5. Excellent staff work is critical. Staff is needed to provide background material and to summarize information. No one should expect a task force member to read three inches of material before every meeting. Staff can help by making presentations about the subject matter, the history and what other states do in similar situations. They can provide summary sheets and respond to inquiries. All material should be in easy-to-understand language as legalese and statutory language are not always readily understood by all.
  6. Factual information from studies, national and state data sources, and public opinion surveys is very important, but it must be from a reliable source. You want the task force to have the best facts available. But, that is sometimes easier said than done. I have seen some studies that have wild prognostications that defy belief! It’s best to use sources that have established standards for their work. One such group is the Community Preventive Services Task Force. This task force reviews research on alcohol policies and makes recommendations based on specific criteria. While they are organized by the Centers for Disease Control and Prevention, they are independent.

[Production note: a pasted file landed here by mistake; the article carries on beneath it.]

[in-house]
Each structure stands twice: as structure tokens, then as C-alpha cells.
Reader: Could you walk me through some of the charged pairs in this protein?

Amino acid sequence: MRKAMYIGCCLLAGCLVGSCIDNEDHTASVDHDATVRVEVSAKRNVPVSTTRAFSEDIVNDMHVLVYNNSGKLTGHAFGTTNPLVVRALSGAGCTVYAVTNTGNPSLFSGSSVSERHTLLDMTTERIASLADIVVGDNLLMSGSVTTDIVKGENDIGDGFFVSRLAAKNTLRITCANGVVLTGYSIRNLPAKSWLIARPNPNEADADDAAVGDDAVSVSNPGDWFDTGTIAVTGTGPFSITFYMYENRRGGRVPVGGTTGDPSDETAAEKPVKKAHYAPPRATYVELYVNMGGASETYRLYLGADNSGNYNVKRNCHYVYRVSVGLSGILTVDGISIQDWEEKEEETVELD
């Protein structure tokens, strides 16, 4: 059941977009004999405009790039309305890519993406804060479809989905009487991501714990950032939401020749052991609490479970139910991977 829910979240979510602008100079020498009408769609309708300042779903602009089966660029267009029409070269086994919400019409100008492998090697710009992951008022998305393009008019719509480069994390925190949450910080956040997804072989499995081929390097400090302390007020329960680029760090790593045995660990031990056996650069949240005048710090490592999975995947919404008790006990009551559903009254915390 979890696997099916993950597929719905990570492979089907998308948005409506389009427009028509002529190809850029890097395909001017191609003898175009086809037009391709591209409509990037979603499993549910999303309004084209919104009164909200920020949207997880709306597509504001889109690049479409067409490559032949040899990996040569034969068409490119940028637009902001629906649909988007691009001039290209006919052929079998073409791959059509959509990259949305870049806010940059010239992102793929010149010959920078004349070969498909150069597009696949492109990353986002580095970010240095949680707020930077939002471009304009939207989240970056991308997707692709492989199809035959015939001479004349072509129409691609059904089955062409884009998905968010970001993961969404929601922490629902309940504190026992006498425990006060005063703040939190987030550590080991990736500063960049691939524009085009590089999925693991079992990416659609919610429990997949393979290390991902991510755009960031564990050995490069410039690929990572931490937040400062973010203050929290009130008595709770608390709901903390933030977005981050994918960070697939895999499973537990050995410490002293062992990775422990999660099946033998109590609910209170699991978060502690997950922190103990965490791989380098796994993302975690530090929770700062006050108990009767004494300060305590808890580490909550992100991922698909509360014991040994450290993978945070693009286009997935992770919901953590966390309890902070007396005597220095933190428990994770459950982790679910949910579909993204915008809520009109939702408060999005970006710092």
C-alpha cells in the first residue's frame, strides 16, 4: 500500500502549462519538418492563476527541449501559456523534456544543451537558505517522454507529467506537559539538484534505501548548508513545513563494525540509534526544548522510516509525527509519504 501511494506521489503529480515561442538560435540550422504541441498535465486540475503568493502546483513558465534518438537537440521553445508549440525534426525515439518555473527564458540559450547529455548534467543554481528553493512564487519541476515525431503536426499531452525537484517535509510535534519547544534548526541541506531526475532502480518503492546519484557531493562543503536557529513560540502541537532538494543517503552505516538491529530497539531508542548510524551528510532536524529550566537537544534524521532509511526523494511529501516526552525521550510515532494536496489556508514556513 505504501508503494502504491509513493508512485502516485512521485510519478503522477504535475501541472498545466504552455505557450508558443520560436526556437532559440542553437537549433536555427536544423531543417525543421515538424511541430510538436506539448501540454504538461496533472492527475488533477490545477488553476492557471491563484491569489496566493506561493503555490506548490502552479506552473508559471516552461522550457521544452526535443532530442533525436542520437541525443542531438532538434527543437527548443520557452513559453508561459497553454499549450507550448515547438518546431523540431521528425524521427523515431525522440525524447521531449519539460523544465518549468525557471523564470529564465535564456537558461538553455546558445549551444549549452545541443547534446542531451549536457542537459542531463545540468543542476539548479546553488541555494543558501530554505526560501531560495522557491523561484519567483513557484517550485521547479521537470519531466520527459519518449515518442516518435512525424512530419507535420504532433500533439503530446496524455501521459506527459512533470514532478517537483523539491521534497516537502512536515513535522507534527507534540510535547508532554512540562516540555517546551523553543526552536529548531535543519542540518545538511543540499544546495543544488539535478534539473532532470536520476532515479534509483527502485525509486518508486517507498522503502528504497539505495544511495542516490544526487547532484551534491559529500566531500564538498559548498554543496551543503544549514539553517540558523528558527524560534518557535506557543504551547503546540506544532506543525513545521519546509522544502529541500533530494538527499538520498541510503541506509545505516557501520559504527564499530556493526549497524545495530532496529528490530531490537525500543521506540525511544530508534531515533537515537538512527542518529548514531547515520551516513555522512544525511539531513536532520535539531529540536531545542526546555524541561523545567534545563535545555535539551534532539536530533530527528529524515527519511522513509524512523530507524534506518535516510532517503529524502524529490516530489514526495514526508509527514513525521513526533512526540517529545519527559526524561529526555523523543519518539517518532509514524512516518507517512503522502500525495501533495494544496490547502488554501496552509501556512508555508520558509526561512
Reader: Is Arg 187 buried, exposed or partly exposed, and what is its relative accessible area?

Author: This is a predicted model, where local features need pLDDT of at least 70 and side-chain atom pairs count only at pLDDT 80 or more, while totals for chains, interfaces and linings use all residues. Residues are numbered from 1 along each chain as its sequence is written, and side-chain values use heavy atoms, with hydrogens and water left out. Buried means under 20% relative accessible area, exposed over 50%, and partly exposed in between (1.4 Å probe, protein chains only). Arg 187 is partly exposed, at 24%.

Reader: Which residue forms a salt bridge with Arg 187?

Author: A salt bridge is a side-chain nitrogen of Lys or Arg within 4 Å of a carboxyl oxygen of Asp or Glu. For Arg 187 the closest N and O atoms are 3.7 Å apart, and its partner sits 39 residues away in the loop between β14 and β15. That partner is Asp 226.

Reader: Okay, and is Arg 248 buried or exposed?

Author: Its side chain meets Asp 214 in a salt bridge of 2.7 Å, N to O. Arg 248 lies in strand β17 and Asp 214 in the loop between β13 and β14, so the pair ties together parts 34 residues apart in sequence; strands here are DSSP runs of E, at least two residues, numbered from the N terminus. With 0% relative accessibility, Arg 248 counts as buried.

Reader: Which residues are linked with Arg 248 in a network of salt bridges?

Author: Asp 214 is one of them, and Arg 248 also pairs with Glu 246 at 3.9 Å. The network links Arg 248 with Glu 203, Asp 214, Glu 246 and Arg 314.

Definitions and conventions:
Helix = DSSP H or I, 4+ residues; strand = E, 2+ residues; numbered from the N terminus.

7. There must be a clear plan for implementation. Nothing worse than a fine task force report that just sits on the shelf! Participants feel their time was wasted. For each recommendation, there should be a plan for implementation. Some things can be done simply by administrative change, others by rule-making. Still others will require legislative change and sign-off by the governor. This will require working the recommendations through the legislative process and will require spokespeople and champions. When I convened a group to streamline our license system (we had 37 different license types), we agreed that we would not change anyone’s license privileges; we would just simplify and streamline. We got industry support and they helped move it through the legislative process even though it required a massive re-write of the statutes. Having a well-organized process with excellent staff work will help make the work enjoyable and well worth the effort.

Sources:

“Massachusetts is looking at a radical overhaul of its byzantine alcohol laws.” By Dan Adams, Boston Globe, December 28, 2017.

“Massachusetts needs to update alcohol laws,” Viewpoint by Deborah B. Goldberg, WB Journal.com, Worcester Business Journal, March 20, 2017.

“Alcoholic Beverages Control Commission of Massachusetts: Task Force Report, Recommendations to the Honorable Deborah Goldberg, Treasurer and Receiver General of the Commonwealth of Massachusetts.” E. Macey Russell, Kate R. Cook, Deborah Gold- Alexander, Rachael S. Rollins, Peter Wilson, Lisa Wong, Robert Cerasoli, December 22, 2017.

Alcohol Code Revision Commission, Interim Report, Indiana Legislative Services Agency 200 W. Washington Street, Suite 301 Indianapolis, Indiana, 46204 Friday December 1, 2017.